On 23 March 2017, the German Parliament passed new rules on criminal law measures for recovery of criminal proceeds. In the future, enforcement of financial claims against criminal offenders will be widely handled by the public prosecution. Whilst the new rules may facilitate access to compensation for private parties affected by crimes, intellectual property right owners fighting counterfeiters may often find civil enforcement more promising.

Cornerstones of new rules

The Reform Act (“Gesetz zur Reform der strafrechtlichen Vermögensabschöpfung“, see: http://dipbt.bundestag.de/extrakt/ba/WP18/761/76162.html) shall implement Directive 2014/42/EU on the Freezing and Confiscation of Instrumentalities and Proceeds of Crime in the European Union as well as a decision of the German Supreme Court. Main goals of the new Law are to facilitate confiscation of illegal proceeds as well as compensation of the victims of crime.

In order to achieve these goals, the Reform Act provides in particular for the following:

The complex system of interlinked civil and a criminal law provisions aiming at the prosecuting authorities assisting the victim in its recovery efforts (“Rückgewinnungshilfe“) is replaced by a set of new rules making asset recovery first and foremost the task of the prosecuting authorities. Under the new rules, the prosecuting authorities are empowered to seize assets for compensation of the victims and distribute the assets among the victims of the crime. Such distribution shall take place after a final and binding decision has been rendered about the confiscation of the assets. Victims do not need to obtain a title against the offender anymore to participate in distribution. Seized assets escape civil enforcement and in particular attachment by private parties as long as the seizure by the prosecuting authorities continues.

Where enforcement against criminal offenders results, as it is often the case, in bankruptcy of the offender, insolvency administrators and insolvency courts shall take over. Unless the victims have secured incontestable positions apt to survive insolvency, their compensation claims will be satisfied alongside the financial claims of all other creditors by quota which regularly results in satisfaction of a small part of the claim only. Insolvency of the offender may be triggered by the prosecuting authorities who shall file under the new Law an application for insolvency where the total of the victims’ claims exceeds the value of the seized assets.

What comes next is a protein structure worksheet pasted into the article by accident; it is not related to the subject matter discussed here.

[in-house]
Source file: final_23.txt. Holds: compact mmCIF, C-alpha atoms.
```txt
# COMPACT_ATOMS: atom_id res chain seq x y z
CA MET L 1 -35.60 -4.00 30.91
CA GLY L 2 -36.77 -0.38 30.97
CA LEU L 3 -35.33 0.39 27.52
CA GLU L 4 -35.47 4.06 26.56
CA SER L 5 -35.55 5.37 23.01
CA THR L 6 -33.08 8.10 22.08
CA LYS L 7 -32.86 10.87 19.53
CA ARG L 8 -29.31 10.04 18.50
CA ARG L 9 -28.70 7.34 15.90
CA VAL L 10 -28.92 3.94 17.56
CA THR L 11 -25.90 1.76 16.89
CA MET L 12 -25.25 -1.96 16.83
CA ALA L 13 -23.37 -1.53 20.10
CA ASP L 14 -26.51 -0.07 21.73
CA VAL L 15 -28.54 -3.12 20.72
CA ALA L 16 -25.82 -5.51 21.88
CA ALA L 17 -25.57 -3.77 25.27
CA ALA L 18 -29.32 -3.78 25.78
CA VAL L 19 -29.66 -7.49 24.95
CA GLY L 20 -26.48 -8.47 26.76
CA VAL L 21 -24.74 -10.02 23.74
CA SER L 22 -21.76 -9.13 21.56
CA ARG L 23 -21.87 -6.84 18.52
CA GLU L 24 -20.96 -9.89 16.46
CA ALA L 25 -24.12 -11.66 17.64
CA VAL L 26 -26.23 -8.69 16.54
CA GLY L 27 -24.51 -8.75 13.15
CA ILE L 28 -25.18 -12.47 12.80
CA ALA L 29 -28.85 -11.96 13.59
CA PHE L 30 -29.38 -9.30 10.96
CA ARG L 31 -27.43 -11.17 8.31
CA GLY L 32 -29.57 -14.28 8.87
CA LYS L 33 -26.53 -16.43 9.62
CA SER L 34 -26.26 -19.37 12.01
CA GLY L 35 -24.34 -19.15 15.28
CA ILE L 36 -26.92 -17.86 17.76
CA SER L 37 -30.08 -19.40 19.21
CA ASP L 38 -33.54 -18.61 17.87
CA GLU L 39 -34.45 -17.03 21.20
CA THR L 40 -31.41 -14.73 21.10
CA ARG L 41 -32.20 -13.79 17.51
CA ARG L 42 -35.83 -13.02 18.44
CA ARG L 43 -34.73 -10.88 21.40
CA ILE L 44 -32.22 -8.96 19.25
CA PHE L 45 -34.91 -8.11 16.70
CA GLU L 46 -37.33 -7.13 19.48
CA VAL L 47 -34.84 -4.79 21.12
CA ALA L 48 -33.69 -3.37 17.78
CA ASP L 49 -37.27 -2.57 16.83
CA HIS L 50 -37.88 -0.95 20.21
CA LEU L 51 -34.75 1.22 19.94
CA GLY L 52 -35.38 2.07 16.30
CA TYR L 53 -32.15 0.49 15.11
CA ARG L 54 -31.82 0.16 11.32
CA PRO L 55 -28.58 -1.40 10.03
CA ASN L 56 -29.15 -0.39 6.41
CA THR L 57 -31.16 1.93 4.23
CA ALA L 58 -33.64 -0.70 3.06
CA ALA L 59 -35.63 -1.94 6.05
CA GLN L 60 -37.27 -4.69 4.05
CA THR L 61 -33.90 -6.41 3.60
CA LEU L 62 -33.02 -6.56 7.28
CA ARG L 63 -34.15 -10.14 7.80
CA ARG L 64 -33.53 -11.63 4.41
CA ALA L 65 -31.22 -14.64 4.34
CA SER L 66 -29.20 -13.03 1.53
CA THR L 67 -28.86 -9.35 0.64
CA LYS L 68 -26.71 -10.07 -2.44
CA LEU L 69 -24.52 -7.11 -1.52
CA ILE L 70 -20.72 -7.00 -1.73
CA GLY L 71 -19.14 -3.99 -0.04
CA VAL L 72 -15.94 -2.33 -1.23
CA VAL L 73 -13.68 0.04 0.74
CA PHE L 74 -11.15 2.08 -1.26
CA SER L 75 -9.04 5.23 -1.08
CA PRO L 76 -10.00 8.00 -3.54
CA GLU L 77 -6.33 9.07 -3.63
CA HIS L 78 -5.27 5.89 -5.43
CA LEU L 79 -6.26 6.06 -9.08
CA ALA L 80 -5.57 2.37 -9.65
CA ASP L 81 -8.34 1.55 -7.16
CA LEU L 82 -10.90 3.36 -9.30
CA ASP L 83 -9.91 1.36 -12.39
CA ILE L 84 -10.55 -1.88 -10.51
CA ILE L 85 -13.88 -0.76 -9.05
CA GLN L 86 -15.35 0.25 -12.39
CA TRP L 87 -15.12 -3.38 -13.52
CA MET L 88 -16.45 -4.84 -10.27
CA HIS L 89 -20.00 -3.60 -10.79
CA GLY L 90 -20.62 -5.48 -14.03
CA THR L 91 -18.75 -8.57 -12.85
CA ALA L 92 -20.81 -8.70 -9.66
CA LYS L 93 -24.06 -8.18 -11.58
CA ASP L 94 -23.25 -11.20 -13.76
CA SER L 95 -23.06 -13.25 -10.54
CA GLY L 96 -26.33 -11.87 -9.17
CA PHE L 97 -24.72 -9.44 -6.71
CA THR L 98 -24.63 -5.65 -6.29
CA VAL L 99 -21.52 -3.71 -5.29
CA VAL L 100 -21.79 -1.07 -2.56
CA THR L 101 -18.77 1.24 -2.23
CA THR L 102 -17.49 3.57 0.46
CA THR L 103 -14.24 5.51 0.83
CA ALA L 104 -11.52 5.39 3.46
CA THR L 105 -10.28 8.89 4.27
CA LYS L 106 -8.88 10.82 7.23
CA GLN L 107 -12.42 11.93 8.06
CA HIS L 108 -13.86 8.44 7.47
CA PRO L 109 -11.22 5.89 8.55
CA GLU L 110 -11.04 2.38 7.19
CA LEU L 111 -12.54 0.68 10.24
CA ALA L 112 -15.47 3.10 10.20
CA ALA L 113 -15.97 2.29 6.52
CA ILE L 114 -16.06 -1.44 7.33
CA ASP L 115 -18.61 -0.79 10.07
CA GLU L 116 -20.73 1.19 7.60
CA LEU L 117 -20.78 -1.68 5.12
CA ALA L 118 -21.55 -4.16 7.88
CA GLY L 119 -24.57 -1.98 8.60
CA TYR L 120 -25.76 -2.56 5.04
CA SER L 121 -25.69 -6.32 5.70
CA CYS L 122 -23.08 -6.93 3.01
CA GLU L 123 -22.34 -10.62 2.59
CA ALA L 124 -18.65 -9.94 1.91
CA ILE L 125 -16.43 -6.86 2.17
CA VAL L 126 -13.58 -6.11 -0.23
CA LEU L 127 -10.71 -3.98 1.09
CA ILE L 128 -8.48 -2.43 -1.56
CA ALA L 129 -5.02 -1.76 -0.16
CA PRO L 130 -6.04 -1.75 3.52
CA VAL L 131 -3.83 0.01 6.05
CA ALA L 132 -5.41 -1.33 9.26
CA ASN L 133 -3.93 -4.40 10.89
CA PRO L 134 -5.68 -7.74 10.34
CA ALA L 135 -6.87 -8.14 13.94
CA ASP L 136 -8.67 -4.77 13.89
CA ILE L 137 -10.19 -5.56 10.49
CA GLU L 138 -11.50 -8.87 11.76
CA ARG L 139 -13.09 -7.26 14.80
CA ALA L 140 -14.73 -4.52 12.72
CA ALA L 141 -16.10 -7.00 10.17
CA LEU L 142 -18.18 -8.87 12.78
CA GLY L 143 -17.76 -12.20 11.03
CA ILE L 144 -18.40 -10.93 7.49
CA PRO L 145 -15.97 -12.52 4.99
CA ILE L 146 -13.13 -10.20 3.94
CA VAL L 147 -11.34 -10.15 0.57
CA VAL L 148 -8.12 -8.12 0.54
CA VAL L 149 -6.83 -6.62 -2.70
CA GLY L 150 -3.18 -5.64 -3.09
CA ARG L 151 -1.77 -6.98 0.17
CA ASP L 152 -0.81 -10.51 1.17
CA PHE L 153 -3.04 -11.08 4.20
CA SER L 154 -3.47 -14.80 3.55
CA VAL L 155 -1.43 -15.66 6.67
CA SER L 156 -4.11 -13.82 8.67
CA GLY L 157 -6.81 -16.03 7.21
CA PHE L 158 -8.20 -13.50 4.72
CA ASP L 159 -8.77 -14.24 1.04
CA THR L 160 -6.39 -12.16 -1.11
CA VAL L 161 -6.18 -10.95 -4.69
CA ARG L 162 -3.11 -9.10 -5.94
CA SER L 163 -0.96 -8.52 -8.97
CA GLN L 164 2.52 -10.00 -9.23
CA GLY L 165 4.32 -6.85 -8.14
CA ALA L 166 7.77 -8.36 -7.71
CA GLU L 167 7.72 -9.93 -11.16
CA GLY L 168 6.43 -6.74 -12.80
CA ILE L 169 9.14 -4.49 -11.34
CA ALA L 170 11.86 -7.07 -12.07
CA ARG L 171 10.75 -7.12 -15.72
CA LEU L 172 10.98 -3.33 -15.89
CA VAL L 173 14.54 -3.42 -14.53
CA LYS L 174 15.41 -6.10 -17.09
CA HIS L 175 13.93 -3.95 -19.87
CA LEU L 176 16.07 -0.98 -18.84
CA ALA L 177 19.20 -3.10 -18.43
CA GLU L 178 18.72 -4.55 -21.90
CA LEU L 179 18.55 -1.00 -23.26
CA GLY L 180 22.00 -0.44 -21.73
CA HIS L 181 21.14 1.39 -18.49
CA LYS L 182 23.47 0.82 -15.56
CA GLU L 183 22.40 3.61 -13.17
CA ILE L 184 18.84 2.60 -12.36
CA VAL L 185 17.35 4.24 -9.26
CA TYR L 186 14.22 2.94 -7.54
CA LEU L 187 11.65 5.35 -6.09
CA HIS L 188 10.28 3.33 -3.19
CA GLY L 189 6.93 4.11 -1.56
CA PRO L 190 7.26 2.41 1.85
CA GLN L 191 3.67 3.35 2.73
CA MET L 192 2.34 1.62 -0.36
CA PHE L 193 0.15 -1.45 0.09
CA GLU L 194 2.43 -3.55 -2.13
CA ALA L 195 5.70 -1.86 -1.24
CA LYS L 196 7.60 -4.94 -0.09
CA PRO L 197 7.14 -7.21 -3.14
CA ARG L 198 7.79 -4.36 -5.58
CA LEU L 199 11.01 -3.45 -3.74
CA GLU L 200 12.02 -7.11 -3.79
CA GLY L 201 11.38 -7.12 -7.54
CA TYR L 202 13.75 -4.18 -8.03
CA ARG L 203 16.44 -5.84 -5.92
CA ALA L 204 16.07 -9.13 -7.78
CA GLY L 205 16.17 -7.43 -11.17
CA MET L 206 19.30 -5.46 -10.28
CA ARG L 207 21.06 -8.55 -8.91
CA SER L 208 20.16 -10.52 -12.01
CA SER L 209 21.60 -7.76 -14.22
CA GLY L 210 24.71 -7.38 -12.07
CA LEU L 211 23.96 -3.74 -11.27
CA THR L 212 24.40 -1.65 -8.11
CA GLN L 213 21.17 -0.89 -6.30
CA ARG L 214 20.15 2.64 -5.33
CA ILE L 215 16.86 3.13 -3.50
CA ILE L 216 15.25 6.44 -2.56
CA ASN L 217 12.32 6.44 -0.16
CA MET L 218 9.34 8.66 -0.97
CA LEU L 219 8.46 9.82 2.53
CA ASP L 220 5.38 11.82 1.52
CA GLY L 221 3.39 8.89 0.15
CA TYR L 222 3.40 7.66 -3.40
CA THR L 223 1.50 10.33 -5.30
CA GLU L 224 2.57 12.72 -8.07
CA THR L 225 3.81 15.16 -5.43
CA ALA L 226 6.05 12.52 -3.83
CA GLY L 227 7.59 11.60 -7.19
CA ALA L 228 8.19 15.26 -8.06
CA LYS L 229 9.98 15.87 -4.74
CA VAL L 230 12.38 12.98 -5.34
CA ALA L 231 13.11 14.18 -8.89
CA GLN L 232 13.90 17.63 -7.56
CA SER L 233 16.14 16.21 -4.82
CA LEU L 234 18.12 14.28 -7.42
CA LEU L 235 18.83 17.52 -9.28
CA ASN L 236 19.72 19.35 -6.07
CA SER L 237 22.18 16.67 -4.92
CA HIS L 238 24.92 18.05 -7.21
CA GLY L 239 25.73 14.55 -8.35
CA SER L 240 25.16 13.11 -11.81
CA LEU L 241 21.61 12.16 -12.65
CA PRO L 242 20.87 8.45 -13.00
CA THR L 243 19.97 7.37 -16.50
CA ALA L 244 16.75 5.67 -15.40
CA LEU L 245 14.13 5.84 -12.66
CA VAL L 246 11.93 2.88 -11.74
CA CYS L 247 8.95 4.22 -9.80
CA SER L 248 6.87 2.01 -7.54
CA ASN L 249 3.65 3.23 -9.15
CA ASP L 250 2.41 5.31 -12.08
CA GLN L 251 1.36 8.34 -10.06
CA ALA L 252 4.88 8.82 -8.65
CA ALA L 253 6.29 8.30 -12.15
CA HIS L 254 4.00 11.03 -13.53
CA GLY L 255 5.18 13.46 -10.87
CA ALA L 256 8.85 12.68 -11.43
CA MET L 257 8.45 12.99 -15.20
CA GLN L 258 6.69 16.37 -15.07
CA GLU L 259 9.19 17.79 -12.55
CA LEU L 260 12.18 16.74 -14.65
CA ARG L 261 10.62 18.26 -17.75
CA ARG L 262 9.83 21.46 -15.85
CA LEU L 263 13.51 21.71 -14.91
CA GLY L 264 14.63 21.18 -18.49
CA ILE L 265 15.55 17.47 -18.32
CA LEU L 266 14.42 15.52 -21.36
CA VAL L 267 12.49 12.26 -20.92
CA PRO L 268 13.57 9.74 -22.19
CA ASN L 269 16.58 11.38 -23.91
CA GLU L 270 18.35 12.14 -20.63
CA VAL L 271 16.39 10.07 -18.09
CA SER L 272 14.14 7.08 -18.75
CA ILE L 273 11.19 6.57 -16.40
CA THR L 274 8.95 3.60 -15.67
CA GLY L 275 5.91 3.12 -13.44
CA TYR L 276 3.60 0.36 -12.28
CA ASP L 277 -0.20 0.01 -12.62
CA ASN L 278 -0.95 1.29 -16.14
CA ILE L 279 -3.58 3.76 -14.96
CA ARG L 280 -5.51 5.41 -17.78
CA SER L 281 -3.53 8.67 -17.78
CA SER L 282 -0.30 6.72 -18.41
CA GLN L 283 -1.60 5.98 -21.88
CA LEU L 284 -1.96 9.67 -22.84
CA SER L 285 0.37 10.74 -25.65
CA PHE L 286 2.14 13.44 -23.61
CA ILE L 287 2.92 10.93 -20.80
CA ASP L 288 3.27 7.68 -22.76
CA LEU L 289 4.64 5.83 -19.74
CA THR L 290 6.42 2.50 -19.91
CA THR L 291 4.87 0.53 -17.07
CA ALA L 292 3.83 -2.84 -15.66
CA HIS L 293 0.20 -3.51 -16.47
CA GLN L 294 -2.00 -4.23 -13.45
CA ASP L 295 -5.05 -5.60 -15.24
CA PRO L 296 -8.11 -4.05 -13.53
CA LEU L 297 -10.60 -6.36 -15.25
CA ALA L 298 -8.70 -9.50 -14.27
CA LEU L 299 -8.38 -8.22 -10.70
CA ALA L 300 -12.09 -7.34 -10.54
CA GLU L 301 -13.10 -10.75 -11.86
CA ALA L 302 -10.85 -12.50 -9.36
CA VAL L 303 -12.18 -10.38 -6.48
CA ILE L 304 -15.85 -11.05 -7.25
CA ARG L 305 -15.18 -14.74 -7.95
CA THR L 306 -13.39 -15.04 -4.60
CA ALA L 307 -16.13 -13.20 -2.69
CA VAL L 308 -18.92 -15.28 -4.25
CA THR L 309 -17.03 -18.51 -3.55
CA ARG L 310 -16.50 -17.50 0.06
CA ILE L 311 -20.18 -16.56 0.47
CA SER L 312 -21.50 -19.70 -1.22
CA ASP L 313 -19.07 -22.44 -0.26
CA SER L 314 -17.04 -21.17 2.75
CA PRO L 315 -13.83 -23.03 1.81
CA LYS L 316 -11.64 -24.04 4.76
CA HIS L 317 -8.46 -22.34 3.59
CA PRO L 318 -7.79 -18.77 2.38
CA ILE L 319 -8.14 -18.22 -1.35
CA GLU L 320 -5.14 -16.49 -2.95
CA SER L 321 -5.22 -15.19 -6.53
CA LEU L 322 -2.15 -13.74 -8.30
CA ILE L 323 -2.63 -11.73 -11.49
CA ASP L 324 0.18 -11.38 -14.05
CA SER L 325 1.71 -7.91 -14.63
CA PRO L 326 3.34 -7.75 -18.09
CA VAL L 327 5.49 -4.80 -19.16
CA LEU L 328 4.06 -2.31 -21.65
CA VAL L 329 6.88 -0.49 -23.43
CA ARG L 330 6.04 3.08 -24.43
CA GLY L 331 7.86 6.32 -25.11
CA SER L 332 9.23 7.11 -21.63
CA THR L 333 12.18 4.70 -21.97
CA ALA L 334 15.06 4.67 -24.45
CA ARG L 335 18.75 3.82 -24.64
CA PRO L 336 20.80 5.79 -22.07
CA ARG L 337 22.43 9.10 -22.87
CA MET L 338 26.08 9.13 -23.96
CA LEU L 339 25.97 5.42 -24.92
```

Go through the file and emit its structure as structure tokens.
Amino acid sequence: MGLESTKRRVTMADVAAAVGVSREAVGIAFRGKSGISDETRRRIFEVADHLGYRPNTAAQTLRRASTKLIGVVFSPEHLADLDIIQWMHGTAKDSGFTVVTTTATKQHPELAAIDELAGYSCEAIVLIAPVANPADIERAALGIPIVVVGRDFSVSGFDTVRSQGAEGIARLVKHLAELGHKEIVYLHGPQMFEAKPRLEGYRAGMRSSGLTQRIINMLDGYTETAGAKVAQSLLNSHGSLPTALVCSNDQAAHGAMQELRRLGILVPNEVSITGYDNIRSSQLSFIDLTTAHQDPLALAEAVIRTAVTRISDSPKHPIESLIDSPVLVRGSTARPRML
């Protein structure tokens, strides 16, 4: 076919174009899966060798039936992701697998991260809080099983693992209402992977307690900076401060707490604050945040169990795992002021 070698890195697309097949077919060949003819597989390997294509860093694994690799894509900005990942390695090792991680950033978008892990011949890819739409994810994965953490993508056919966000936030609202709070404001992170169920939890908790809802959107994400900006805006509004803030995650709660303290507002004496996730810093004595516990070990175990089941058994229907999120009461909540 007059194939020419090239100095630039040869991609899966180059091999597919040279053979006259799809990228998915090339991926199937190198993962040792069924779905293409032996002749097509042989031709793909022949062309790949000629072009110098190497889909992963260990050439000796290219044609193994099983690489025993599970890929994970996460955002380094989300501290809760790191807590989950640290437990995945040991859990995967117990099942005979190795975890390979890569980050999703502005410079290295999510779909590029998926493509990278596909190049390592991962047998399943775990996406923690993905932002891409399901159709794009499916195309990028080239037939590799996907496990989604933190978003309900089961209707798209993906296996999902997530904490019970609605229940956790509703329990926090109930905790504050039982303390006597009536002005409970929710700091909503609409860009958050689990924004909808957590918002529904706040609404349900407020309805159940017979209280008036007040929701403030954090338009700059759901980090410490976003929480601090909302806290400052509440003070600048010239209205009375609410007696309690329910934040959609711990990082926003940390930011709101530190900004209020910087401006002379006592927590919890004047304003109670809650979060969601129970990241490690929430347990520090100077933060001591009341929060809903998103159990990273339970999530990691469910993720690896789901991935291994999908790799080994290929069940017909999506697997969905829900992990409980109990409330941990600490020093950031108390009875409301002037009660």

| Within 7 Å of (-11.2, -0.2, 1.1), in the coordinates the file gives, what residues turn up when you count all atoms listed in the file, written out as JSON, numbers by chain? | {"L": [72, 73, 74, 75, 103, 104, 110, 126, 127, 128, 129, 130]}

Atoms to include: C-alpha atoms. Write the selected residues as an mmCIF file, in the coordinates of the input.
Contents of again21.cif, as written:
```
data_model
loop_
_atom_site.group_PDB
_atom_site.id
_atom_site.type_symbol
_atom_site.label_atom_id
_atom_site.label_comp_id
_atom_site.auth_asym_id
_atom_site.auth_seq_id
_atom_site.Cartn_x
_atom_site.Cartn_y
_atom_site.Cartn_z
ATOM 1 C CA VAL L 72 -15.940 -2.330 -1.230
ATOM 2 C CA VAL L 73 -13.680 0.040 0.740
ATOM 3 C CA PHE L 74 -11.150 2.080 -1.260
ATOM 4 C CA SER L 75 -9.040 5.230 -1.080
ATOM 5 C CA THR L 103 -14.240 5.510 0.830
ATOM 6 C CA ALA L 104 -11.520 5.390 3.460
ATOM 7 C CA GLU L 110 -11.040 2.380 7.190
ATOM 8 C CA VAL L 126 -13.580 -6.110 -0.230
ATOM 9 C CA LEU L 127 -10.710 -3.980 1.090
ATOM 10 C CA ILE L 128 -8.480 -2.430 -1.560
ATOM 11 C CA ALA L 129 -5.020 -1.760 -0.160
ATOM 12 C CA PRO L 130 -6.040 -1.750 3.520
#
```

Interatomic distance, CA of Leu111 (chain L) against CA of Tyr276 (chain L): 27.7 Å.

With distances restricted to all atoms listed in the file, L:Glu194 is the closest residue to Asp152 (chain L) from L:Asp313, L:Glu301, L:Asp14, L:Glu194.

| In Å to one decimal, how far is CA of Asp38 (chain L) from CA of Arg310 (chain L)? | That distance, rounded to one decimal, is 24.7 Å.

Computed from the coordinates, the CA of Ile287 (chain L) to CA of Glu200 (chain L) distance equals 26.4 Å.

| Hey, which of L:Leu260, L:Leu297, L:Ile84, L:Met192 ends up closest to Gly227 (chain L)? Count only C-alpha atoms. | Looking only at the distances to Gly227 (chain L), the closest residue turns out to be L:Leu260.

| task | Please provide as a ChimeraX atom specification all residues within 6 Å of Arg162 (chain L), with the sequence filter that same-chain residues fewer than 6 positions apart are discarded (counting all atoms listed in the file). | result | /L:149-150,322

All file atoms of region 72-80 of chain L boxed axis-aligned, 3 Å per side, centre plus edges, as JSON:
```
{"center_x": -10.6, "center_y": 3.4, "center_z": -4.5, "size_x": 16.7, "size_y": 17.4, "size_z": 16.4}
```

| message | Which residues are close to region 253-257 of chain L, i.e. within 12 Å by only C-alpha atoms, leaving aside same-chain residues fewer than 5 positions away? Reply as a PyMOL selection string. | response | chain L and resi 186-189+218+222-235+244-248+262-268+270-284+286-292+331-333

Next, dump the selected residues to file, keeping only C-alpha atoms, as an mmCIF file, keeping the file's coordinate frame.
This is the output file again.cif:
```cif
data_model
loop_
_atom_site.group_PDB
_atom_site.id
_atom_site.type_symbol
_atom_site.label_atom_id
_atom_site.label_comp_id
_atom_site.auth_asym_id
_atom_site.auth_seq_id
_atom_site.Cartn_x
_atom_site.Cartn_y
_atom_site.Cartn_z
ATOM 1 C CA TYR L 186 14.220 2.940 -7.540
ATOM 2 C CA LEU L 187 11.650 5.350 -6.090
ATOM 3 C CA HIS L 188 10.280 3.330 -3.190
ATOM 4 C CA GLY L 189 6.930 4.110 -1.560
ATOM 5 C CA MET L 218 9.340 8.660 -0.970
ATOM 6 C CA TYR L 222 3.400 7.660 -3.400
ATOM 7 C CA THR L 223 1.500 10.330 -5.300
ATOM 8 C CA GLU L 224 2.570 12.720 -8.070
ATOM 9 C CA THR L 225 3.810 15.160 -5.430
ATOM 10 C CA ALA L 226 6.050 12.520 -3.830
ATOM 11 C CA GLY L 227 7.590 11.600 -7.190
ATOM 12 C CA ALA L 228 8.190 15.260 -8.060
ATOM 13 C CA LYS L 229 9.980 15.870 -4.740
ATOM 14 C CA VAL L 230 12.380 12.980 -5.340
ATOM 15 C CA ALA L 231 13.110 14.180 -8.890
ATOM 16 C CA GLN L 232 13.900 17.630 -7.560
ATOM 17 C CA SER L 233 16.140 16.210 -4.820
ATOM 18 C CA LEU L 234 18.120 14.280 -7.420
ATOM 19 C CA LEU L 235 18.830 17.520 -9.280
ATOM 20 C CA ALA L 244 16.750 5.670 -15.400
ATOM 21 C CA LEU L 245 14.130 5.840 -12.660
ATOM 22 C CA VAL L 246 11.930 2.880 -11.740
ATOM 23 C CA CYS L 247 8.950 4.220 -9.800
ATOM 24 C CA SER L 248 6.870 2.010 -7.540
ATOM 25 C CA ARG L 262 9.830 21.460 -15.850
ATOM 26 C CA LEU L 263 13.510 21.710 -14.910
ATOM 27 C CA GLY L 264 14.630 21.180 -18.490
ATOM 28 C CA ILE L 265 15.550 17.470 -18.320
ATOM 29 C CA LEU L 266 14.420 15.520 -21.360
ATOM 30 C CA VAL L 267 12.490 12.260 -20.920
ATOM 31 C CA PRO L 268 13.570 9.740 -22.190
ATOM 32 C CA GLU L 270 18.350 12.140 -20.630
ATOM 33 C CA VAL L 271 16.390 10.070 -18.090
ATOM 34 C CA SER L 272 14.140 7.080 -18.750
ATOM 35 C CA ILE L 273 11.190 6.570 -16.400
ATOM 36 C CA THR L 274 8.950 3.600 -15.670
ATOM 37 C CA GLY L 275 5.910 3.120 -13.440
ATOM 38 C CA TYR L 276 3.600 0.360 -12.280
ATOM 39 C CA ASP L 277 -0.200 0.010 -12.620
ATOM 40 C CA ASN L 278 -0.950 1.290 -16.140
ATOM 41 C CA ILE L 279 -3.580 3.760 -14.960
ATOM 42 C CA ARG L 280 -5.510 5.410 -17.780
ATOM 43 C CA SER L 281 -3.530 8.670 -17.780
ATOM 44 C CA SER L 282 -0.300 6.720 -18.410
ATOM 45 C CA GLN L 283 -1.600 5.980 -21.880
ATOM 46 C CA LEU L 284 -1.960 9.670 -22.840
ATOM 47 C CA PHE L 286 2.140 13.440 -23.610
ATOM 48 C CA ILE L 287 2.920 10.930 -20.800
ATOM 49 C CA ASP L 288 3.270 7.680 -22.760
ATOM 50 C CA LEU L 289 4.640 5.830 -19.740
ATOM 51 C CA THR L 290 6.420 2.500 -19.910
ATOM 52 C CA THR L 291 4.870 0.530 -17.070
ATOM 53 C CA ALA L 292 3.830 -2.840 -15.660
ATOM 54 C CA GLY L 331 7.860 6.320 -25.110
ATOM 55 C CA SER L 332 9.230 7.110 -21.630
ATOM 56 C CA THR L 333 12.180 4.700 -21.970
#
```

Confiscation of criminal proceeds according to the new rules will regularly prescribe within 30 years after completion of the crime and confiscation will also be possible in the event that assets are discovered with delay or successfully passed on by the offender to third parties. Under certain circumstances assets can also be confiscated where an individual cannot be prosecuted or sentenced for a crime. Where a criminal offense was committed, confiscation of assets extends to assets obtained in context of other criminal offenses. The limitation to certain, particularly severe, crimes was removed.

The decision on confiscation may be separated from the decision in the criminal trial and notably rendered after completion of the criminal proceedings on basis of their findings.

Impact on IP right enforcement

Whilst the deficiencies of the former rules were widely recognized and the reform is hence generally welcomed, the Reform Act met criticism in particular for attributing the task of compensation of the victims widely to the prosecuting authorities. Concerns were raised that the prosecuting authorities may not be equipped to handle this additional task with the result that recovery actions may not be taken with sufficient vigor. The involvement of insolvency administrators and insolvency courts was criticized in particular for attributing to them under certain circumstances the task of assessing criminal liability of the debtor. Postponement of distribution until a final decision on confiscation is rendered may take far too long and the prosecutor’s application for the insolvency of the offender may come with liability risks where the offender is in fact not bankrupt or the application is not compliant with insolvency law.

For IP right owners facing intentional infringement of their rights by counterfeiters and other fraudsters, reliance on the new criminal law rules on recovery of criminal proceeds alone may ultimately be unsatisfactory. In particular where IP right owners invested heavily in identifying crime and culprit and provided the public prosecution with the factual and legal basis for their actions, reliance on proper action of the public prosecution and shared distribution of the offender’s assets amongst all victims and – where insolvency proceedings are conducted – all creditors including the state may be disappointing.

Accordingly, IP right owners facing criminal infringement of their rights in Germany should weigh their civil law enforcement options early on to make sure enforcement investment pays back in the end.